The Never-Ending Learnable Moment

How does one turn words into moving pictures? It’s a mystery to my scientific brain, and it’s a wonderful gift. A friend, colleague, and published poet – Sammy Parker – has captured with gut-wrenching accuracy the frustrations and joys of teaching. He’s freely given permission for me to share this with you. I hope it captures you as it did me.

How does one turn words into moving pictures? It’s a mystery to my scientific brain, and it’s a wonderful gift. A friend, colleague, and published poet – Sammy Parker – has captured with gut-wrenching accuracy the frustrations and joys of teaching. He’s freely given permission for me to share this with you. I hope it captures you as it did me.

THE NEVER-ENDING LEARNABLE MOMENT

By Sammy Parker

and there it is, she knows,

the cold, hard truth,

pared down to this:

if they’re not learning, I’m not teaching

 

The scattershot edge of

technology and “best practices”;

the tense imperative of detached policies;

the file-13 tsunami of reforms, tests,

and vague threats about

an always ill-defined “accountability”

—all of that enervating white noise of stuff—

recede in importance

in the face of her students’ needs;

the quality of their responses;

their levels of engagement and energy;

and all true measures of

knowledge gained

or not,

things learned

or not,

things they can do

or not,

inching forward

or not

in the minute-by-minute

mix and jumble and

sometimes erratic interaction of

her wisdom and experience and

those messy, volatile, staid,

predictable, unpredictable,

sweet, annoying,

infinitely marvelous, wonderful,

and often-edgy

kids.

God, how she loves ‘em and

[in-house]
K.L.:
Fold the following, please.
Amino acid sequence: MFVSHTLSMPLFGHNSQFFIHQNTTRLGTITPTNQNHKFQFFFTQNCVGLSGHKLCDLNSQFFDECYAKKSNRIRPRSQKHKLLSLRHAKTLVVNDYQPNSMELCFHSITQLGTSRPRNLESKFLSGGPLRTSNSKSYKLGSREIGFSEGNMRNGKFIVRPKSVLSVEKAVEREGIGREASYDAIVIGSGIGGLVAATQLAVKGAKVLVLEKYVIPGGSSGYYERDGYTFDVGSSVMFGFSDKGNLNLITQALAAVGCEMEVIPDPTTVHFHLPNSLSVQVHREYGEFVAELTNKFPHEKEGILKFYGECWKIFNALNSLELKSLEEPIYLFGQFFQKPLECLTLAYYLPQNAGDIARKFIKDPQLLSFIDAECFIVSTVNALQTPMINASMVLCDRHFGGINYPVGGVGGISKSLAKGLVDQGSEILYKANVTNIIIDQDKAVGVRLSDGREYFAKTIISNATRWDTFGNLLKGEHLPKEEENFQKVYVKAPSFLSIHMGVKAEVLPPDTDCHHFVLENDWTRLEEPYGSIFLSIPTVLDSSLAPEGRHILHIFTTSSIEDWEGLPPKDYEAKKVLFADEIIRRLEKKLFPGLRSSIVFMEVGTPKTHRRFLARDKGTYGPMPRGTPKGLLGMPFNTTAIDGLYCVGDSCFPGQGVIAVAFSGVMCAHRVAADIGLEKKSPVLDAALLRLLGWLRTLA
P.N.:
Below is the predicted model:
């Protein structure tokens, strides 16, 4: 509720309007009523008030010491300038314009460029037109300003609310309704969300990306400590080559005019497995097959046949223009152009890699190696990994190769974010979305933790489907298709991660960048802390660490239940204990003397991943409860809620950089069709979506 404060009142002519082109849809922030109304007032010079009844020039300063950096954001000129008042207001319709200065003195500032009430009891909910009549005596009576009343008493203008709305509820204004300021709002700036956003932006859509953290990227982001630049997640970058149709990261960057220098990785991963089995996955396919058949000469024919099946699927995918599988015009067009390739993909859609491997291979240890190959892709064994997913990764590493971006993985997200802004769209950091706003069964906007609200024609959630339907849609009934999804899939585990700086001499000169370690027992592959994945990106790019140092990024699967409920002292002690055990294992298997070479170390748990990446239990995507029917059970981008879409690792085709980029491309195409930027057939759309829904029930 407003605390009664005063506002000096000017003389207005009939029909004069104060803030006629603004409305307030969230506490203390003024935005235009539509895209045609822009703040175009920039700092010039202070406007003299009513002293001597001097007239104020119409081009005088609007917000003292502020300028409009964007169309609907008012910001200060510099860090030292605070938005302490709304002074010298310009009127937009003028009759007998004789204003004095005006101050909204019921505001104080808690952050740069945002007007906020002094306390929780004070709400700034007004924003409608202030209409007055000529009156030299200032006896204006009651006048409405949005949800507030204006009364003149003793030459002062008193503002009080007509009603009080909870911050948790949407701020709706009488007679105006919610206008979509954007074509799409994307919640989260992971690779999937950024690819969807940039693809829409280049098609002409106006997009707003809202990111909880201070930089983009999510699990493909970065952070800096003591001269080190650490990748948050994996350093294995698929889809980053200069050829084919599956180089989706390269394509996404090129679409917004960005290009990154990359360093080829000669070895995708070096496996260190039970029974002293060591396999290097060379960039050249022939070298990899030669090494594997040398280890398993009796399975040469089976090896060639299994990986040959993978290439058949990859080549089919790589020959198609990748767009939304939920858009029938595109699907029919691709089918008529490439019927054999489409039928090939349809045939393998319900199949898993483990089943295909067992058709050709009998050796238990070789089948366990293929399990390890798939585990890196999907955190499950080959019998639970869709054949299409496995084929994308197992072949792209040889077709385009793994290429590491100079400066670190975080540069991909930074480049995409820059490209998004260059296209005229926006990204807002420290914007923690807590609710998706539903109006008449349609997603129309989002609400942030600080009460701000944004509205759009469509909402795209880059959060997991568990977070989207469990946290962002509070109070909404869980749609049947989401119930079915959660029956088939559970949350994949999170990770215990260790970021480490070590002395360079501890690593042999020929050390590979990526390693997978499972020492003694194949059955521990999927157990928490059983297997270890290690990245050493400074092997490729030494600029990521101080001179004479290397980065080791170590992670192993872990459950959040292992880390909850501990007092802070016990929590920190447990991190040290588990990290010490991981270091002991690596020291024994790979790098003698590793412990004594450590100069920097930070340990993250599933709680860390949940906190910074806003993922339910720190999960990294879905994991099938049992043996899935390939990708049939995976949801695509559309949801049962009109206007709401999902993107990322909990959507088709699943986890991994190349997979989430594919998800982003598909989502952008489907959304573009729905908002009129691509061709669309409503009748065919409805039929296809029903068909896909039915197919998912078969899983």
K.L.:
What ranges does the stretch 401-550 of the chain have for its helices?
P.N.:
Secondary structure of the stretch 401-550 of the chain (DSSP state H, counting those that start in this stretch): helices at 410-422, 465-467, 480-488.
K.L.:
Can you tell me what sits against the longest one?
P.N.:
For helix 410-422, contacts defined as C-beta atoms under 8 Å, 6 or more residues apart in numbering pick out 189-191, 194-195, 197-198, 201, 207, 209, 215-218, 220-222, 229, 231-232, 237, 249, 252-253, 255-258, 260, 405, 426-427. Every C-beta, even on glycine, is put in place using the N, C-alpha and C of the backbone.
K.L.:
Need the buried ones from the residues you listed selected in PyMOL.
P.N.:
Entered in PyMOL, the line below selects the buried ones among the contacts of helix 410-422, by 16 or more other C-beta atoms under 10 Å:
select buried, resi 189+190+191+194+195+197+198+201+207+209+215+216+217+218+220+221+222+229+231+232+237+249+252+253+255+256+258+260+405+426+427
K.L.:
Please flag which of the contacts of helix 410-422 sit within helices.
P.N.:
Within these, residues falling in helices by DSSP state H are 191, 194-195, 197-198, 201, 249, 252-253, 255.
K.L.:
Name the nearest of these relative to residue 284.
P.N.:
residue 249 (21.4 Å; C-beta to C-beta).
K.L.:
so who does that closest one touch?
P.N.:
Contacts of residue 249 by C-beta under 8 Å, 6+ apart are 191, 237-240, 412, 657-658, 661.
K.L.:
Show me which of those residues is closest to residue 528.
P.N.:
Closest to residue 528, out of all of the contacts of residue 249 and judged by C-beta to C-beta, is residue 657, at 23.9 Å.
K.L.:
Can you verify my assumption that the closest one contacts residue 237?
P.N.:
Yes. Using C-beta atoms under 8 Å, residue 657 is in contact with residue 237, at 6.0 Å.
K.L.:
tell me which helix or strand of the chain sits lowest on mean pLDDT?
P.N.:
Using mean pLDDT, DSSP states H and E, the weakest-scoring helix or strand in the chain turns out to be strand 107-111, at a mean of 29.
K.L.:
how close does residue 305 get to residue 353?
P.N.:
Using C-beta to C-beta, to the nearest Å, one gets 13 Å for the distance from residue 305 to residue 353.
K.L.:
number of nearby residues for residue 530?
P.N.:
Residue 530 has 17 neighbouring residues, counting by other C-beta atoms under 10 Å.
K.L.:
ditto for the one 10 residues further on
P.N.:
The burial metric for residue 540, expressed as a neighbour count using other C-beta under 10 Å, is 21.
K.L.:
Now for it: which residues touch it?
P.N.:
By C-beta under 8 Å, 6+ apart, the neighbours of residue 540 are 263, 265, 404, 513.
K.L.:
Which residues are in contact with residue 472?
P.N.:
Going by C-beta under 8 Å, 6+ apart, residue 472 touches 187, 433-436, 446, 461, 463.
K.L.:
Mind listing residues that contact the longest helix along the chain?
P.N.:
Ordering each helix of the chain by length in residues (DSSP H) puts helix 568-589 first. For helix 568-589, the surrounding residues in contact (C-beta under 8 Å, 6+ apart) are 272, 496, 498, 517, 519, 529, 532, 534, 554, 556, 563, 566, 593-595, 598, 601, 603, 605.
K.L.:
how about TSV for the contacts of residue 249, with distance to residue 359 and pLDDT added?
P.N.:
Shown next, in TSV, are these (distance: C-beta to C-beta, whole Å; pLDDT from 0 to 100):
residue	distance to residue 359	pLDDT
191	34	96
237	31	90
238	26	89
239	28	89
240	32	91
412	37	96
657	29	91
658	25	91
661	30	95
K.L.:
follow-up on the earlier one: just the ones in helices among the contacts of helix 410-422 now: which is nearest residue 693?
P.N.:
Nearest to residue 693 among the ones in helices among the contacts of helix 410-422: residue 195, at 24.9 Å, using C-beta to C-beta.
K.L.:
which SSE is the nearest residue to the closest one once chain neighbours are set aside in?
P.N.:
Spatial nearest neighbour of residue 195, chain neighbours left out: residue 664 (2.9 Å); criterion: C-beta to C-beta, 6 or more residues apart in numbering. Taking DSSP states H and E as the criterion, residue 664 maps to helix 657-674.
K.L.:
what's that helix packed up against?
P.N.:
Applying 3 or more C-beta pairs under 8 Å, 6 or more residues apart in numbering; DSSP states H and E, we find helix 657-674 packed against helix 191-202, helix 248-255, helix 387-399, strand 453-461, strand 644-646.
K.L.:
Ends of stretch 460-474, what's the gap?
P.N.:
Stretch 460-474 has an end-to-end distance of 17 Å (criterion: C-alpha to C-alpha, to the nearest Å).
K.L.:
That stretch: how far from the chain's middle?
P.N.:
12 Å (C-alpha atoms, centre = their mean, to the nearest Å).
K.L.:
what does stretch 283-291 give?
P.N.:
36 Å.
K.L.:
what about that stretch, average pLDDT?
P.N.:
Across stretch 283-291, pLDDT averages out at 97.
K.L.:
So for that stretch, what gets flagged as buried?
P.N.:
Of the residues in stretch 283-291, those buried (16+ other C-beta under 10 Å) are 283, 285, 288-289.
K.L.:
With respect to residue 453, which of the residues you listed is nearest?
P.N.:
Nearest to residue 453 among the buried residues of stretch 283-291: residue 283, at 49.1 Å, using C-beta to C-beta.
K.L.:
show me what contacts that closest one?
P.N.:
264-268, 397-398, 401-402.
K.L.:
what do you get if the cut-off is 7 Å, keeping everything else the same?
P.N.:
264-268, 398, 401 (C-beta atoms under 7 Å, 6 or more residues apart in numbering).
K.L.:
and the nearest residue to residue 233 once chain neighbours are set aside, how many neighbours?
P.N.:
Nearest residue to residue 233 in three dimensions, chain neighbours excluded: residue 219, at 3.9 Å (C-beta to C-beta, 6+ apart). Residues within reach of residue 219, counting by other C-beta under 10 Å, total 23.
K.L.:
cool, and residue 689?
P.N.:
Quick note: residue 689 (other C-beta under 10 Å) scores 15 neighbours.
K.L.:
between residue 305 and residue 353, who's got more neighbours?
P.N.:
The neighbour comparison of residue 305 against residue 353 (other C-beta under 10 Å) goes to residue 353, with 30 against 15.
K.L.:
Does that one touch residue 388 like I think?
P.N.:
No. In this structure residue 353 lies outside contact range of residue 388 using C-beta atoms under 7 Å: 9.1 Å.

how they give her pause,

their minds and lives raw and nascent,

poised to be molded or shaped or

maybe just inspired by

her words and manner and spirit

and by the way she smiles and frowns,

cajoles and soothes,

and touches their minds

—or not.

 

Halls now 4:00 silent,

kids dispersed for another evening

to the unknowable other of their lives.

As most days, this one,

filled with tiny increments of

success and failure,

small gains, smaller losses,

winds down with

the gleam of introspection,

the need to dissect

the ways by which it all unfolded;

to sense, intuit, and scrutinize

what worked, what didn’t,

and why.

But—a hallelujah moment!—

she’s really not alone now:

a teacher of note and skill and reputation,

she’s still learned more about teaching,

the heart and soul and rhythms and

pragmatic core of teaching,

from the lively, serious give and take

with Tamara and Darryl,

two and three doors down,

than from all those

annoying, blurry years

of central-office-mandated,

disconnected chatter,

of “experts” coolly “developing” her,

droning endlessly,

fragmented agendas chosen for the

speakers’ reps or the topics’

great relevance du jour,

the kids’—and thus her—

actual needs be damned.

Now, she goes to learn from peers,

they from her,

sharing, probing, analyzing, innovating

—the quintessence of learning—

she and them and all their kids

the center of this universe

because she knows, oh yes,

if they’re not learning, she’s not teaching,

and, maybe far more important,

if she and Tamara and Darryl aren’t learning,

the kids will have no chance.

And that,

she fiercely knows,

deep down in her teacher’s heart,

is, quite simply,

not an option.

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